Exciting, literate, and truly scary.
Exciting, literate, and truly scary.
I just finished watching the final season of Mad Men and wanted to write an appreciation, but…
Where to begin? The writing, the acting, the directing, the design… They’re all wonderful, all outstanding.
The characters and the actors who portray them have become welcome guests in my world. The dialogue reminds me of classic authors. A lot of praise has been showered on the look of the series — and deservedly so. The direction is a master class in how it’s done.
I guess most of all I simply want to give a warm thanks to everyone concerned for many hours of amazing drama.
Mesmerizing, beautiful, scary, profound and all too real, this HBO series is not for the squeamish. As T Bone Burnett says in an interview with the writer, Nic Pizzolatto, our heroes peer into the skull of the most hideous evil imaginable.
I love Judy Collins — who doesn’t?
I saw her in concert last night. It was quite enjoyable, especially when we heard her singing — about half a dozen times, with an encore number thrown in for good measure.
The rest of the time she talked and joked about the weather and her glamorous life. The jokes were funny, the stories interesting enough. The singing was remarkable and she remembered most of the lyrics.
Her flight had been cancelled and she’d had to take a limo from Chicago. Her luggage and her guitar were lost in transition, but she soldiered on.
Good for her.
She was running on very little sleep from the night before — but whose fault was that? After all, that’s life in glamorous NYC.
I could forgive all that, on a good day, as did the audience.
What’s harder to pass over is the fact that we were made to listen to the opening act for far too long.
What lyrics we could make out were instantly forgotten. The piano playing was OK, but it all sounded the same.
The performer’s hair looked like it hadn’t been washed in a month and was dyed a color deliberately left out of nature.
There was a fair amount of screeching and foot stomping. I don’t know why. It seemed unfortunate in a musical event. As did the kazoo.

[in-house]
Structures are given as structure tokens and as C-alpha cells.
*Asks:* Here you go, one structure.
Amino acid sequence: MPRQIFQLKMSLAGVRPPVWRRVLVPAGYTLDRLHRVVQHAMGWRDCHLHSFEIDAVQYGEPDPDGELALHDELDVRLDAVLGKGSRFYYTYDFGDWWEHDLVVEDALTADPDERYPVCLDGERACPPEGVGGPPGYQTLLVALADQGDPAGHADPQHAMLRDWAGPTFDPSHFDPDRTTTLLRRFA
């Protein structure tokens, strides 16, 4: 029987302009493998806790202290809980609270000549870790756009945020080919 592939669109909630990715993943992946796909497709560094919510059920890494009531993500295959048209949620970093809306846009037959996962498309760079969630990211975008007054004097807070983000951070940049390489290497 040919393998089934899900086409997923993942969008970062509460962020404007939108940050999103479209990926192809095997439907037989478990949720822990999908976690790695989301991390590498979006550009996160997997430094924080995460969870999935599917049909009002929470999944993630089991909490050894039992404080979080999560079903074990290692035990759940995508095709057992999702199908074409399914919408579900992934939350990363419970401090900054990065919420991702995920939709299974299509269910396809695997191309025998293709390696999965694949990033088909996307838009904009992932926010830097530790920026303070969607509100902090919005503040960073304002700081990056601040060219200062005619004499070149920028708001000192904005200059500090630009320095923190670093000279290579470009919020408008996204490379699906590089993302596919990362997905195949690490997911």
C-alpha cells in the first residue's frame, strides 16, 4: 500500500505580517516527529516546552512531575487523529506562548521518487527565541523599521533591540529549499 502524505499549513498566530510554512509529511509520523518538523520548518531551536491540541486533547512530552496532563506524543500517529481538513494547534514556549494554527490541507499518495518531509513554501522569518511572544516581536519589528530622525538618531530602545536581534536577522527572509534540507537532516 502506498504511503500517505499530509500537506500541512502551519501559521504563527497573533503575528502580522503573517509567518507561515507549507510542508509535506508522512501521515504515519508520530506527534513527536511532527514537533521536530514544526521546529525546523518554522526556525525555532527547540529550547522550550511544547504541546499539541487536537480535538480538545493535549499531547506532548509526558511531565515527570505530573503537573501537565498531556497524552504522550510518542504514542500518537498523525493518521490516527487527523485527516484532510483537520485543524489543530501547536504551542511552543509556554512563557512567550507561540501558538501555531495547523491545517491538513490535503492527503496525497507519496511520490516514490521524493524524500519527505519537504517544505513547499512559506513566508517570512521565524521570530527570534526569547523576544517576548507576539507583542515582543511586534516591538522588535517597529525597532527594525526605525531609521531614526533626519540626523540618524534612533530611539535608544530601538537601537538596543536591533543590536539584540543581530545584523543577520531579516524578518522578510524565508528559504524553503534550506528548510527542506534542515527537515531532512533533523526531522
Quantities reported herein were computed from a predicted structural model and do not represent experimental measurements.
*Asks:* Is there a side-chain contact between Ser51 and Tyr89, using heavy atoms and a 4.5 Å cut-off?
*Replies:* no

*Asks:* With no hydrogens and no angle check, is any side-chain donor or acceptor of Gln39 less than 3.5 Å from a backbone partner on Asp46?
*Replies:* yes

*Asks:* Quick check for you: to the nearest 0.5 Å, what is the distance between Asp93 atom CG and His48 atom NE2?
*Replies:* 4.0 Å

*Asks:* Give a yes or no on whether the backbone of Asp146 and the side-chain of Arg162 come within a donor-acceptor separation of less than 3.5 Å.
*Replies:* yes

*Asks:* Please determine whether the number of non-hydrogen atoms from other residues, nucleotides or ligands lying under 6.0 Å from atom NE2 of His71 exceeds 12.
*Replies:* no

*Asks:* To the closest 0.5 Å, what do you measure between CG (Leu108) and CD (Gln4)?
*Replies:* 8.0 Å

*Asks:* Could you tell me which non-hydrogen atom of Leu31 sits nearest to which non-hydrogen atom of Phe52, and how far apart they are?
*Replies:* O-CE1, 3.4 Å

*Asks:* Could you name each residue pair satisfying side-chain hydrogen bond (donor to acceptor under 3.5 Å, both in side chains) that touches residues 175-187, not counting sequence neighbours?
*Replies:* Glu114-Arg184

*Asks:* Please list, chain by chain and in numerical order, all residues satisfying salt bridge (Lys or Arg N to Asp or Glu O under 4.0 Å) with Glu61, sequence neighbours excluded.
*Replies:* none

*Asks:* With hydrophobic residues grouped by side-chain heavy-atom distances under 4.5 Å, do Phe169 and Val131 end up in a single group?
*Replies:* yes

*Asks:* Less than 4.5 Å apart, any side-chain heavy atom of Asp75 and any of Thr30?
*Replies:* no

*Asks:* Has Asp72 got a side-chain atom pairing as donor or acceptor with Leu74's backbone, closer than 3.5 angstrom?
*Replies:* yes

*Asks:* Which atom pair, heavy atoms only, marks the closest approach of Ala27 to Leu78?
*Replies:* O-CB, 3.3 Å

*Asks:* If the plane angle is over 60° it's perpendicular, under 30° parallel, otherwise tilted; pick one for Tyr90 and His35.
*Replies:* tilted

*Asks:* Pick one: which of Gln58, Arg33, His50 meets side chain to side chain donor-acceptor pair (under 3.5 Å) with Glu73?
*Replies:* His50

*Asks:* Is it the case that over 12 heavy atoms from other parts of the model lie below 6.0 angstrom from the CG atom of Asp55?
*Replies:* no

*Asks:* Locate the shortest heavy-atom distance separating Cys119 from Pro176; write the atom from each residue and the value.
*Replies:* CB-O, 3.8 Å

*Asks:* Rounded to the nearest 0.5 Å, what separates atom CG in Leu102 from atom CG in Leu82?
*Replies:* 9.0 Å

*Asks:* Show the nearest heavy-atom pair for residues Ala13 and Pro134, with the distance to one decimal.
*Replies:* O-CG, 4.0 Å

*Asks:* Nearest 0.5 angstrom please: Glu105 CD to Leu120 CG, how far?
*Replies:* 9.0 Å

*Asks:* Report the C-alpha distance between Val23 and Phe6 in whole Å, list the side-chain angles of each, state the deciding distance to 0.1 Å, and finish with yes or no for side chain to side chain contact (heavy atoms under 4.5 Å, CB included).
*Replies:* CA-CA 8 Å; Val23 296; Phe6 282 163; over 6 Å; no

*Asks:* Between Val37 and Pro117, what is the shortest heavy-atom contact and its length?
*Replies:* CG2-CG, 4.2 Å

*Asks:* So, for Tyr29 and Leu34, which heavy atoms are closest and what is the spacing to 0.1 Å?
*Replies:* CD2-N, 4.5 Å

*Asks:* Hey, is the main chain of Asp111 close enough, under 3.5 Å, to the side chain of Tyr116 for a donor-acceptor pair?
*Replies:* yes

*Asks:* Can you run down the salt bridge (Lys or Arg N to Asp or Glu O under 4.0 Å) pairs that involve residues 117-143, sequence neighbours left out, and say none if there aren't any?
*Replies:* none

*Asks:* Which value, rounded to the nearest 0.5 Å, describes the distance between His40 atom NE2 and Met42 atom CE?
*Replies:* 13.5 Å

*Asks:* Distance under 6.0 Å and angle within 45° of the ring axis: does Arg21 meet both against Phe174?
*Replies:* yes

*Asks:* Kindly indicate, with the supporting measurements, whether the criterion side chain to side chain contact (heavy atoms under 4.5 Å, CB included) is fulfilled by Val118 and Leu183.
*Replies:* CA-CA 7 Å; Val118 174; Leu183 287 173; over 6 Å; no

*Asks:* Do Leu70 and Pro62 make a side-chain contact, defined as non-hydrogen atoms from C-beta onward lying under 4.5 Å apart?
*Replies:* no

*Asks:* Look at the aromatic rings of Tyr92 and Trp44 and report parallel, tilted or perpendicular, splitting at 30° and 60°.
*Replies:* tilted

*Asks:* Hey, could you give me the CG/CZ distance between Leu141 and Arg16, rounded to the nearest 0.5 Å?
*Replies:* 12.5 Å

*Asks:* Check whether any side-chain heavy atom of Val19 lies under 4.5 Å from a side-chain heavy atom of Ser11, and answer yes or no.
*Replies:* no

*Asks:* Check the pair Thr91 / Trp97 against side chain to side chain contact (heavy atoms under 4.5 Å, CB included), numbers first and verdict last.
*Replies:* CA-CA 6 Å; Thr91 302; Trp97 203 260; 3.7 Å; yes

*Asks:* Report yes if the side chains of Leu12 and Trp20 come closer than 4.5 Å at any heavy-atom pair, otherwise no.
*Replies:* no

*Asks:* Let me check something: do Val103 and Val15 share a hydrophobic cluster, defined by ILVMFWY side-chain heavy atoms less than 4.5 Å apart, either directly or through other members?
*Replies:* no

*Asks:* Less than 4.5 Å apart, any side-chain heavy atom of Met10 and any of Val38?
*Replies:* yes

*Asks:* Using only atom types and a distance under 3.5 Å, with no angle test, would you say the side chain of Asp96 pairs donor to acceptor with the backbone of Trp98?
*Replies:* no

At one point she enjoined us to snap our fingers along with her.
When the audience declined, she said she’d thought we were folkies.
Maybe Judy could bring her up to speed with another history lesson.
I took in the Summer of the Arts festival this past weekend in Iowa City. Every once in a while you will find a visual artist there who stops the show. This year that was Yan Inlow, whose brilliant, shimmering work with fabric seems impossible, but there it is, ready to take your breath away.
Unfortunately, the examples pictured here can only hint at the delicate, vibrant quality of her work, which gets lost in translation to the web.
It was a pleasure and a privilege to meet Ms. Inlow and to see her astonishing work in the bright sunlight, where her artistry dazzles like sunlight on blue water.
Golden Weeds with Lavender
I’m delighted to see that season four of Merlin is making good on the promise of the show.
I love the Arthurian tales. Their telling is like pizza — good, even when it’s bad. Not that there’s anything wrong with the first three seasons — on the contrary, there is much there to love and admire.
But toward the end of the third season, the show really seemed to find its legs with the coming together of the round table. No doubt the good people who bring us the series realized they have a hit on their hands.
Now the story is going from strength to strength — with verve, sweep, and romance … and magic!
Good for them. Good for us.
O, drat — they’ve cancelled the series.
Well, he embellished the tale — lovingly, brilliantly.
The Hobbit is great fun — exciting, suspenseful, funny. Just right.
I don’t know what so many people were kvetching about — don’t much care. It all seems like so much sophomoric fault-finding, compared to the beautiful, sweeping story up there on the screen.